Vasily Vavilin, Lyudmila Lokshina, Sergey Rytov; Using kinetic isotope effect to evaluate the significance of the sequential and parallel steps: formation of microbial consortium during reversible anaerobic methane oxidation coupled with sulfate reduction. Water Sci Technol 1 June 2019; 79 (11): 2056–2067. doi: https://doi.org/10.2166/wst.2019.201
Methane is considered as an important greenhouse gas and its emission from marine sediments is controlled by anaerobic methane oxidation (AOM) coupled with sulphate reduction (SR). During AOM, methane is oxidized with sulfate as the terminal electron acceptor. This process is mediated by a syntrophic consortium of anaerobic archaea (ANME) and Desulfosarcina-like bacteria (DSS), which often form small aggregates or voluminous mats. Isotope signatures of sulfur compounds are important tools for studying sulfur cycling in the environment. So, it is necessary to interpret the isotope effects of the processes involved. Holler and coauthors noticed that so far there was no satisfying explanation for the variation of the isotopic fractionation factors between the cultures of different origin. By studying sulfur isotope effects caused by AOM-SR under continuous incubation at various methane influent concentrations, Deusner and coauthors showed that the smallest sulfur and oxygen isotope fractionation was observed for the highest influent methane concentration with the highest AOM-SR rate. This phenomenon apparently contradicts the general conclusion that the rates of concentration changes of heavier substrates, products and biomasses usually are proportional to the rates of concentration changes of the total (light + heavier) substrates, products and biomasses, respectively.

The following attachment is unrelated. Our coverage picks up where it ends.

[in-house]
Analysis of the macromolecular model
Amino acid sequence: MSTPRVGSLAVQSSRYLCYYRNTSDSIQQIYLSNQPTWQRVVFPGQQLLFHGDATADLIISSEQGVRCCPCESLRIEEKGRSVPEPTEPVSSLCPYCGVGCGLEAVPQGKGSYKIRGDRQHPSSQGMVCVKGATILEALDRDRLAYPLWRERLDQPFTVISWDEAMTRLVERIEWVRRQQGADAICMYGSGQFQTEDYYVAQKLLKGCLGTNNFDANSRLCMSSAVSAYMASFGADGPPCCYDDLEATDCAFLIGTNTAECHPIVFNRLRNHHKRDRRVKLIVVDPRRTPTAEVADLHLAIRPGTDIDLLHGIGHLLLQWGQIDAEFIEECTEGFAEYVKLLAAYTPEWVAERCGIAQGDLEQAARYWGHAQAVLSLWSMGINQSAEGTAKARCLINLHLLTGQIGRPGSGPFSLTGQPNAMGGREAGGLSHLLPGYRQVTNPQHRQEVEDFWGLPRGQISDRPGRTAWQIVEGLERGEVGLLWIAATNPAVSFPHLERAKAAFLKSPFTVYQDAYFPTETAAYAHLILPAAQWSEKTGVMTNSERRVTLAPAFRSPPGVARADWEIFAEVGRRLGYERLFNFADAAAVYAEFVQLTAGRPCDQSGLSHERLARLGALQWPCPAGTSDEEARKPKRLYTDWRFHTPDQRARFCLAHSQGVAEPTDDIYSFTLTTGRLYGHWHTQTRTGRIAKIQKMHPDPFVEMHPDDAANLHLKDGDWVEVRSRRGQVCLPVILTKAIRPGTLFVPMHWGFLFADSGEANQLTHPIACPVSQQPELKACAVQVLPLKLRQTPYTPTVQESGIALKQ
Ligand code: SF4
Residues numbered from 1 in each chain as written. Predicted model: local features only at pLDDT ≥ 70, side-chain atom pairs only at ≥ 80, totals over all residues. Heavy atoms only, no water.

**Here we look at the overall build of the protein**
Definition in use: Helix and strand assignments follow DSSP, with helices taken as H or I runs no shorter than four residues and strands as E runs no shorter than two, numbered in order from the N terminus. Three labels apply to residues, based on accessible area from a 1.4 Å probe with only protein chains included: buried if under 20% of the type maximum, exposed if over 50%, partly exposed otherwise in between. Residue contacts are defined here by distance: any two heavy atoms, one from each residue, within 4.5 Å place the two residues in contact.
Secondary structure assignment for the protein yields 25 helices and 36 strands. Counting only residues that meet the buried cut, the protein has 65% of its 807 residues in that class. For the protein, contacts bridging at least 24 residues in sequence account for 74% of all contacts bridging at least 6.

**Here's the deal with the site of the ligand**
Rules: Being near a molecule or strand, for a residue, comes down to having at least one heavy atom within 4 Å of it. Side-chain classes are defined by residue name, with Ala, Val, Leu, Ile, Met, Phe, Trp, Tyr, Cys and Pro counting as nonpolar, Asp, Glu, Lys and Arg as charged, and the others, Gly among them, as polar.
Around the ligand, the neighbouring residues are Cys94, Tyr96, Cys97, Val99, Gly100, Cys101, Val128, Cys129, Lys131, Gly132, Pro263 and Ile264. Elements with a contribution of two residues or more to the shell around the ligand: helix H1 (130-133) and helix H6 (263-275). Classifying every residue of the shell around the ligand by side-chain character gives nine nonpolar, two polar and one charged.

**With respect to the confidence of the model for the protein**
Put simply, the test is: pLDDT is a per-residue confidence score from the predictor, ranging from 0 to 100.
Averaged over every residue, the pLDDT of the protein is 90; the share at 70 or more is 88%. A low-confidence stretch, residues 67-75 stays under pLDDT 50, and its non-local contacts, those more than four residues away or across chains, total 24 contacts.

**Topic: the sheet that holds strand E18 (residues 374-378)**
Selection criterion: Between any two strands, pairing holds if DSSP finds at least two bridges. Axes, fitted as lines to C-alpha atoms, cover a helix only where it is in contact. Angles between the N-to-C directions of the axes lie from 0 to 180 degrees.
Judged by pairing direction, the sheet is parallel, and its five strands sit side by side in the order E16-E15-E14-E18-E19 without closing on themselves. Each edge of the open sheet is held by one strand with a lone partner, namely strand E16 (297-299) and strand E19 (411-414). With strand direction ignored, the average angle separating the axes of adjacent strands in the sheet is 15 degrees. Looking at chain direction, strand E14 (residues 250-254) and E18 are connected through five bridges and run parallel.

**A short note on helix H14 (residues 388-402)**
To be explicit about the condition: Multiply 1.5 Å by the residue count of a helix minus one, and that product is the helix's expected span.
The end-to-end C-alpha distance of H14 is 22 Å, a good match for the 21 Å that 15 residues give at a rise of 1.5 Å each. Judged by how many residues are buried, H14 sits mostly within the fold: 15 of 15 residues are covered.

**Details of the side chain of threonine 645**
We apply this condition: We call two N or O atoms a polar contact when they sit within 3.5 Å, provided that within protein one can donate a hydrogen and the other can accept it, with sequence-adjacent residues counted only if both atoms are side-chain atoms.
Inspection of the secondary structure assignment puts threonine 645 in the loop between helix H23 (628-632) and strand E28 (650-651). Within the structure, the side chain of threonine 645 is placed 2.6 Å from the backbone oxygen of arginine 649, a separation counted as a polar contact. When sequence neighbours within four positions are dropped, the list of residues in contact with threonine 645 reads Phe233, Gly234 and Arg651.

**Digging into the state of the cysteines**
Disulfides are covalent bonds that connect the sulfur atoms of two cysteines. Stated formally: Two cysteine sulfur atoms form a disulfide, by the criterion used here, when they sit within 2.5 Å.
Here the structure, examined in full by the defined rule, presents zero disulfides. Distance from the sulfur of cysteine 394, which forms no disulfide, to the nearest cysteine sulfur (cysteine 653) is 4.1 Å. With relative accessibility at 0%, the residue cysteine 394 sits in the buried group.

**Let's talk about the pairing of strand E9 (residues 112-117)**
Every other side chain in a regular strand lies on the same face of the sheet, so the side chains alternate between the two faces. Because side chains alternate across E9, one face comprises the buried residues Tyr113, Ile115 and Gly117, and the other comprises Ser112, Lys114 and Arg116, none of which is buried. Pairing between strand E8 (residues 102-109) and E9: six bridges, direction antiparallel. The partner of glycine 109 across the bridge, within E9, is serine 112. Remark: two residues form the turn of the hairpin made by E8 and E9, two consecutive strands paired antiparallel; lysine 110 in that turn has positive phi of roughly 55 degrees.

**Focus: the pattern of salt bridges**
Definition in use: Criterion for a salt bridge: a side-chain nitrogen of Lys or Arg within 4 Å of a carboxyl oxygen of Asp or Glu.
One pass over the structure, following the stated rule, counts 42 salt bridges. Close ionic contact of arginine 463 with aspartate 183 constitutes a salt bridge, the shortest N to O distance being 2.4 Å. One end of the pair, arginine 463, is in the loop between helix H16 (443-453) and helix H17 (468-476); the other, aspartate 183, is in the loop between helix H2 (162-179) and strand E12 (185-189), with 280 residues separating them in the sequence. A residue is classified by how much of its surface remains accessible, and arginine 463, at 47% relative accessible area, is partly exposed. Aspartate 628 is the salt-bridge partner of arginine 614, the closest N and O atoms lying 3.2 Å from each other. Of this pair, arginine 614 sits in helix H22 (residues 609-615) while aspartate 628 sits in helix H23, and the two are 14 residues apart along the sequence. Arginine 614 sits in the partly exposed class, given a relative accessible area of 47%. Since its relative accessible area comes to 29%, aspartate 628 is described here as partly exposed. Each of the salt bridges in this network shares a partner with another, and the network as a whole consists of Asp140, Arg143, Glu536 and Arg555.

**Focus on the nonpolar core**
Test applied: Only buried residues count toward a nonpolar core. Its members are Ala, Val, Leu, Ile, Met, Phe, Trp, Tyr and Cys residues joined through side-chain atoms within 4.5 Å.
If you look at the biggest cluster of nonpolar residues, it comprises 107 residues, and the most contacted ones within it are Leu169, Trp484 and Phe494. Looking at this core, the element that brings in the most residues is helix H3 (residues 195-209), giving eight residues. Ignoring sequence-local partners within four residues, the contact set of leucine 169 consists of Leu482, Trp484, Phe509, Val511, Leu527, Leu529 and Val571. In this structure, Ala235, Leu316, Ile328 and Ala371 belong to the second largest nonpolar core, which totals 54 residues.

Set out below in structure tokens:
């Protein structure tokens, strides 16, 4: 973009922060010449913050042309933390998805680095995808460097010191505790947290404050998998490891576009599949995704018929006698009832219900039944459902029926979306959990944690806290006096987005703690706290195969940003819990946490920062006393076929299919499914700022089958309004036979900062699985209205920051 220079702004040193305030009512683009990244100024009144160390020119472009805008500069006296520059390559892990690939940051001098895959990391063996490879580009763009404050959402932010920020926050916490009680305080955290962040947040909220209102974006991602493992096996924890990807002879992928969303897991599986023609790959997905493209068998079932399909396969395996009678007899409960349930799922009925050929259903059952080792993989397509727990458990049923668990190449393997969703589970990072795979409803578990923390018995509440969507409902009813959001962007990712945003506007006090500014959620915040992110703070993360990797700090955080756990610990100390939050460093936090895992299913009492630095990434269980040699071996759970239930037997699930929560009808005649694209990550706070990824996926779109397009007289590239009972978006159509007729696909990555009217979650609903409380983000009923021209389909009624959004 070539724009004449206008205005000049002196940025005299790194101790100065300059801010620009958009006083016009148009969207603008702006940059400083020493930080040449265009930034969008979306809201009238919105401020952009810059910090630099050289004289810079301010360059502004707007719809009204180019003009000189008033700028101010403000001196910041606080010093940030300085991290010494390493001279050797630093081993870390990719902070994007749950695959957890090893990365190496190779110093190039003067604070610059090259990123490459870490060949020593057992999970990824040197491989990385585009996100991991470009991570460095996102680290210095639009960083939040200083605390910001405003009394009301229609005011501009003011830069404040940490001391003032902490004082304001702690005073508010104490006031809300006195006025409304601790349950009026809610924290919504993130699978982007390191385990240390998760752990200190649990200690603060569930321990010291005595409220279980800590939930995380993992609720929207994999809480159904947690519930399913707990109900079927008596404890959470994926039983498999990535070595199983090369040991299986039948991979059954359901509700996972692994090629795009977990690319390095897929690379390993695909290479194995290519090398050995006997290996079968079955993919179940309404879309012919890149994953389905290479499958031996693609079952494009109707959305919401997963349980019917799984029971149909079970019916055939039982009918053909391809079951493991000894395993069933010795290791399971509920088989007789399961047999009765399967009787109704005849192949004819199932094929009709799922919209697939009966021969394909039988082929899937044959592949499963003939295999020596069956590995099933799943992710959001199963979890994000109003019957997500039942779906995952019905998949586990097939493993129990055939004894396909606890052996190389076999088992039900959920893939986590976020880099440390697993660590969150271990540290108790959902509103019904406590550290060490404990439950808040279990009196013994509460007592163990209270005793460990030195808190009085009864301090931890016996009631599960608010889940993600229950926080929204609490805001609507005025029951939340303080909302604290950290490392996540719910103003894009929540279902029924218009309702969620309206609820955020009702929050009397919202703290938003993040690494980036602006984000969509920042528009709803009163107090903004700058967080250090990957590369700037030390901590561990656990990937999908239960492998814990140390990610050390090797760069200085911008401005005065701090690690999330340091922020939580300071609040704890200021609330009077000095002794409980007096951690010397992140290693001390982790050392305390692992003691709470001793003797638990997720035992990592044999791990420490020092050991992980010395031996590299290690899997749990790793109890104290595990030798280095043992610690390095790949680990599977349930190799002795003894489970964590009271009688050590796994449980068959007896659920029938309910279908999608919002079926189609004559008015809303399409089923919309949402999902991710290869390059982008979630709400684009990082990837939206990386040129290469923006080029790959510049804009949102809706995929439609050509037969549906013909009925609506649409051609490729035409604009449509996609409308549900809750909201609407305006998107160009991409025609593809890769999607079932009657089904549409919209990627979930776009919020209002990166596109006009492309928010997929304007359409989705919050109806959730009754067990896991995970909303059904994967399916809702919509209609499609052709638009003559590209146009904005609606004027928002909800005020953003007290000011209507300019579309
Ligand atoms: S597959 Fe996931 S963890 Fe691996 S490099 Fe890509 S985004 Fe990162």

In the presented paper an attempt was made to resolve these problems by the using of mathematical modeling, the powerful research instrument. The dynamics of anaerobic oxidation of methane coupled with sulfate reduction was described. It turned out that formation of consortia of anaerobic archaea and Desulfosarcina-like bacteria may have a significant effect on sulfur isotope fractionation. A good fit of the dynamic model to experimental data was obtained only when assuming active biomass accumulation. It was shown that during anaerobic oxidation the fractionation of sulfur isotopes is universally proportional to the rate of formation of microbial consortia which coincides with an increase of the total reaction rate. The presented model explains the lower sulfur isotope fractionation factors at a higher rate of anaerobic oxidation of methane by the shorter average distance between microbial consortia and the respective sulfur substrates. Despite the offered dynamic model being rather complex, it substantially reduces the overall complexity of reactions involved in AOM and SR, highlighting the most critical steps. Introducing of isotope’s concentrations enables evaluating microorganisms’ activity. It is very useful instrument allowing adding new knowledge to experimental methods which determine the presence of the microorganisms in the environment but not their activity. This method has already been applied successfully for clarifying microorganisms’ activity in various environments such as marches, lakes and anaerobic digesters.
The authors hope that this article will help to understand the processes of anaerobic methane oxidation coupled with sulfate reduction in marine sediments more deeply and demonstrate the power of modeling in understanding of incomprehensible processes.
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